There have been 1,226 executions spread over the 36 death penalty states between 1976 to 2010; the highest among developed nations.
Essentially, the proponents of capital punishment argue that it reduces the risks of future deaths by taking the perpetrator out from society, as well as creating a deterrent effect for would-be murderers. They also hold to the position that without the threat of an ‘eye for an eye’, the fabric of society itself will fall apart. While there is an element of risk of punishing an innocent, the benefits outweigh the very rare incidents of wrong prosecution.
Opponents, meanwhile, contend that there is no empiric data supporting the argument that capital punishment reduces or prevents future deaths. In addition, they argue that rehabilitation is a more humane method of punishment, a reflection on our higher sense of morals. But most of all, there is a tendency to prosecute and convict under-privileged minorities, indicated from the disproportionate ratio in comparison to our national demographics. Opponents also like to point out the fact that 98% of the district attorneys in death penalty states are white (Jeffrey Pokorak, Cornell Law Review, 1998).
2012 Republican Presidential Nominee
Former Governor of Massachusetts
“From my perspective, there are two main camps when it comes to the death penalty. On one side, there are some people who believe there are certain crimes that are so offensive… so reprehensible…. so far beyond the bounds of civilized society that they demand the ultimate punishment. In the other camp are well-meaning people who believe that it is immoral for government to ever take a life. In the middle, I believe, are others who could support the death penalty if it is narrowly applied and contains the appropriate safeguards. It is with that group in mind that we have brought forward the death penalty bill before you today…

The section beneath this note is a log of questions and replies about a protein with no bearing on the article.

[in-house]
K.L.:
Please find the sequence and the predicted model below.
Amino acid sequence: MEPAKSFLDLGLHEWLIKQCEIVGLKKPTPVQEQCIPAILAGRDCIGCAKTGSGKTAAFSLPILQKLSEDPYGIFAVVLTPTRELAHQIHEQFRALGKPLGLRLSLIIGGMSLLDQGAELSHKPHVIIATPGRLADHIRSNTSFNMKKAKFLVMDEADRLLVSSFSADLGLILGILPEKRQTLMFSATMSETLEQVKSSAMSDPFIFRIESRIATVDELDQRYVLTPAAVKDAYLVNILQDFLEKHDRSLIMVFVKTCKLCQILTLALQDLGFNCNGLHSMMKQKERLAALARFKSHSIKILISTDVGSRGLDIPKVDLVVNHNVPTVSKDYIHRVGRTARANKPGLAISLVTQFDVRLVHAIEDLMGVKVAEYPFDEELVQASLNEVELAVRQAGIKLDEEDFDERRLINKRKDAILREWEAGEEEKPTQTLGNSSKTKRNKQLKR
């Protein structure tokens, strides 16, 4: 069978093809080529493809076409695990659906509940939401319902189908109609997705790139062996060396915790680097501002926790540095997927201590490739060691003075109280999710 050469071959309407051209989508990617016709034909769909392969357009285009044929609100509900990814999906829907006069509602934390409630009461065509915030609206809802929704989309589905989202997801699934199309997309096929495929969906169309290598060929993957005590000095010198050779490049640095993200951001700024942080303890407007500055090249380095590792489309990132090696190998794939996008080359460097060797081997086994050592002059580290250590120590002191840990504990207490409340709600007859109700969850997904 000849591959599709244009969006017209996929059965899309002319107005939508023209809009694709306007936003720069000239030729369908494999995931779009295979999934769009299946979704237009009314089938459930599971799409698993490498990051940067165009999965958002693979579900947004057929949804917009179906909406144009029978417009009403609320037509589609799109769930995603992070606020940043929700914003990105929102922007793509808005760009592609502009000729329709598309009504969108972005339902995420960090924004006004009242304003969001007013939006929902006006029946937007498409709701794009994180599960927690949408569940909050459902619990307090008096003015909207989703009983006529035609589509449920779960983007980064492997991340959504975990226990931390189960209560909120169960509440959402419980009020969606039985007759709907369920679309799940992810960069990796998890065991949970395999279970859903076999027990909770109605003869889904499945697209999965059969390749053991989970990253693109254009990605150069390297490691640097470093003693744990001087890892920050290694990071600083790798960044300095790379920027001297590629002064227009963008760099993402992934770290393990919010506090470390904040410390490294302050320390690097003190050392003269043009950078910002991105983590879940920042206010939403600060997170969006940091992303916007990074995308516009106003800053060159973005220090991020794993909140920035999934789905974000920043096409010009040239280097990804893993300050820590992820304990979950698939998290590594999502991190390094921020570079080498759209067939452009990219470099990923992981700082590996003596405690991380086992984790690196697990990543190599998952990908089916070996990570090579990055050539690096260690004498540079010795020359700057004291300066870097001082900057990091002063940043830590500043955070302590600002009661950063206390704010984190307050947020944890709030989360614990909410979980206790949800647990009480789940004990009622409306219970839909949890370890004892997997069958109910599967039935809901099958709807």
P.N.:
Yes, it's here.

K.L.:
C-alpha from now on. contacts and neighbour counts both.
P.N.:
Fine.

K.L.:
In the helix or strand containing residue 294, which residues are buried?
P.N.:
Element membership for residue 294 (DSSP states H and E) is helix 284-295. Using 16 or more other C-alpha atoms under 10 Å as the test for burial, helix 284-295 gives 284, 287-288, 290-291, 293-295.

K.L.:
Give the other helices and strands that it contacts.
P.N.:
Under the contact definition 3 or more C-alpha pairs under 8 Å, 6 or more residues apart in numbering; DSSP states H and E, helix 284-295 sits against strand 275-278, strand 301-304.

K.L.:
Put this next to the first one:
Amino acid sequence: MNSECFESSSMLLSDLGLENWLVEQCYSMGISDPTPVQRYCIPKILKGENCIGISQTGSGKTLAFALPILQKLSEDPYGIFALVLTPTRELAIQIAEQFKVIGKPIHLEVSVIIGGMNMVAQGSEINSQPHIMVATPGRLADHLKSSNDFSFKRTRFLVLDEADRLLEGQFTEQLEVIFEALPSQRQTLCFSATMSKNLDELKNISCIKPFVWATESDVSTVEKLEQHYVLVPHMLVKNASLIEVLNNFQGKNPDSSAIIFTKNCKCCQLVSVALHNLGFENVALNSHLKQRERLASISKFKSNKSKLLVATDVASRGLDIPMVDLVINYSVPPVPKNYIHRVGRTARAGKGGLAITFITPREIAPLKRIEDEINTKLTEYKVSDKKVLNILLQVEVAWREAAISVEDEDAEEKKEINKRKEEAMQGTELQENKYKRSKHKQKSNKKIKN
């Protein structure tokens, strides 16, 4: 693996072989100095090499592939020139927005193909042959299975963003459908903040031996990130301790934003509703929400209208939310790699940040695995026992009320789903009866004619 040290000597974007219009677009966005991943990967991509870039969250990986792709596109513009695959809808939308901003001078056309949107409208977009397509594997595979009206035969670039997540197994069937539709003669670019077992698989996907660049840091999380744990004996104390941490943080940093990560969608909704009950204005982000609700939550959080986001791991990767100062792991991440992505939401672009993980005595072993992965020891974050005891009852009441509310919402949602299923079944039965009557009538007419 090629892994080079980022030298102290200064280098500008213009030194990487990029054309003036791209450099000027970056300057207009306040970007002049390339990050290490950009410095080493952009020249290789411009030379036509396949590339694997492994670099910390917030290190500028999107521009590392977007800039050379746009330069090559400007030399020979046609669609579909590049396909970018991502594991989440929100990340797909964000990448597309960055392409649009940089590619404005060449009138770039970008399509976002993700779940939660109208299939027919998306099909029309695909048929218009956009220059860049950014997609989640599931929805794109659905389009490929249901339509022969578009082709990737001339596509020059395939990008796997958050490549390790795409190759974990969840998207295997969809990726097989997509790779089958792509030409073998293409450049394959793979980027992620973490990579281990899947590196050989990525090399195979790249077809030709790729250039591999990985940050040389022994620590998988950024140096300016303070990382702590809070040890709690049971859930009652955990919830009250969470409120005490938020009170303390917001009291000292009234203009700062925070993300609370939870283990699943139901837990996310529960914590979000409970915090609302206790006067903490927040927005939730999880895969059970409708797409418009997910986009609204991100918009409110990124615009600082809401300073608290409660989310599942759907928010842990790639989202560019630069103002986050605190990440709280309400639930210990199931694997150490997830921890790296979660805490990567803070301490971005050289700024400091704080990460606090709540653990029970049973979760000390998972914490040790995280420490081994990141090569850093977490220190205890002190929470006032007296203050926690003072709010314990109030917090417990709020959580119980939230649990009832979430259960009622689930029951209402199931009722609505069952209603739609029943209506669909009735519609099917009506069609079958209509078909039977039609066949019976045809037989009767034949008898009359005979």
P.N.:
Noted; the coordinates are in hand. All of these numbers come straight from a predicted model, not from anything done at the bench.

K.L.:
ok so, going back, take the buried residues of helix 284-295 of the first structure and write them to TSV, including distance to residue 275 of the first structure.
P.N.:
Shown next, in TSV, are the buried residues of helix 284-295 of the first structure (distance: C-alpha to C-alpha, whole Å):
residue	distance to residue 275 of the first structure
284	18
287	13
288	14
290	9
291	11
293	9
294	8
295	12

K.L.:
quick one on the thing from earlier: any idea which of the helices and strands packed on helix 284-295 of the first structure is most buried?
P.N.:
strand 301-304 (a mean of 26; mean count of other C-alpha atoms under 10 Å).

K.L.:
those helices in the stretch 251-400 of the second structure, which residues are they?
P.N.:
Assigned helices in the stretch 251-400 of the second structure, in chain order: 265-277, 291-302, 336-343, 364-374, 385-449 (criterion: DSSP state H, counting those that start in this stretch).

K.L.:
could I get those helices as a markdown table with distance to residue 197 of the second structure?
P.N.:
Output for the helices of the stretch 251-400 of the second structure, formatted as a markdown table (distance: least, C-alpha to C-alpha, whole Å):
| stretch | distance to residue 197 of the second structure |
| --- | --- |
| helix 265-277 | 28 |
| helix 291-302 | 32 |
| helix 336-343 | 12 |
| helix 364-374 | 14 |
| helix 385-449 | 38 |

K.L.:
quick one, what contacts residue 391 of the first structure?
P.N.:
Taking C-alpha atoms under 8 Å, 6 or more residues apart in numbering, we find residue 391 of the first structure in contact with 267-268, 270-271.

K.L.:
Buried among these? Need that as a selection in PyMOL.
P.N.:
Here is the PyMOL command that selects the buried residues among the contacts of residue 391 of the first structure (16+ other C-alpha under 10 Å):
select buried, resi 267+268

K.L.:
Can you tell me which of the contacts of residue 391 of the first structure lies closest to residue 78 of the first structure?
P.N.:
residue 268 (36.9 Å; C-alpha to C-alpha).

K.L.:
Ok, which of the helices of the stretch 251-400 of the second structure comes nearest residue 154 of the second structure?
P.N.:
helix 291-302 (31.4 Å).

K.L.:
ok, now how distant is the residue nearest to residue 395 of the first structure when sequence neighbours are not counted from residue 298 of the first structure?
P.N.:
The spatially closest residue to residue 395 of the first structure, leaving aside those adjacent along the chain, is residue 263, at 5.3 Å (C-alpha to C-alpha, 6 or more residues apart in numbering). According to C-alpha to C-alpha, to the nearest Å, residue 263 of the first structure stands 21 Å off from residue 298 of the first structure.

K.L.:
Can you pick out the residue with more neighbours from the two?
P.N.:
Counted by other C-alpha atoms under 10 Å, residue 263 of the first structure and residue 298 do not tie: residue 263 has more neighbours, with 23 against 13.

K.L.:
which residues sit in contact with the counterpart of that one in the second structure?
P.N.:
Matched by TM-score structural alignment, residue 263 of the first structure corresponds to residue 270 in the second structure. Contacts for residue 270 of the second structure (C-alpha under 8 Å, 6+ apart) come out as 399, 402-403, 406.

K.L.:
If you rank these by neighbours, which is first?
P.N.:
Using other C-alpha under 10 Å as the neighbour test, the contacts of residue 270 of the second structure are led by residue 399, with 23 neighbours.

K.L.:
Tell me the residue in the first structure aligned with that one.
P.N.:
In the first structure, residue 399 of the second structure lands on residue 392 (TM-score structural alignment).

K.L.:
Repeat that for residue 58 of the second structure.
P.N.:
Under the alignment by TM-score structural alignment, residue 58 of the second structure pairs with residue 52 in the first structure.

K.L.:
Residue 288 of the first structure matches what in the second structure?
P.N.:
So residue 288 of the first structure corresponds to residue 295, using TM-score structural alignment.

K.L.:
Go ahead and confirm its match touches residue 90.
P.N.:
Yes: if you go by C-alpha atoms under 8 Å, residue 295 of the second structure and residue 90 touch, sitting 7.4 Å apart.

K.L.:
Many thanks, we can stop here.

The appropriate response of society to terrorism carried out around the world or within the Commonwealth’s borders is to apply the death penalty. That is why the legislation I filed in April accounts for terrorism, along with a small number of other crimes, including the assassination of a law enforcement officer, judge, juror or prosecutor, for the purpose of obstructing an ongoing criminal proceeding. My legislation would also allow juries to consider the death penalty in cases that involve prolonged torture or multiple murders, as well as cases in which the defendant has already been convicted of first-degree murder or is serving a life sentence without parole.”
July 14, 2005, Death Penalty Testimony of Governor Mitt Romney to the Massachusetts House of Representatives, in support of his April 28, 2005 filing of a death penalty bill that was ultimately rejected by the legislature.
Lane is against capital punishment for two reasons:
(i) There have been enough cases overturned in recent years by DNA evidence that killing an innocent person is a very real possibility
(ii) Killing a person does not sufficiently punish them for taking another person’s life.
Paul, by his own admission, has changed his position on capital punishment and is now opposed to the death penalty, chiefly out of fear than an innocent person may be sentenced to death.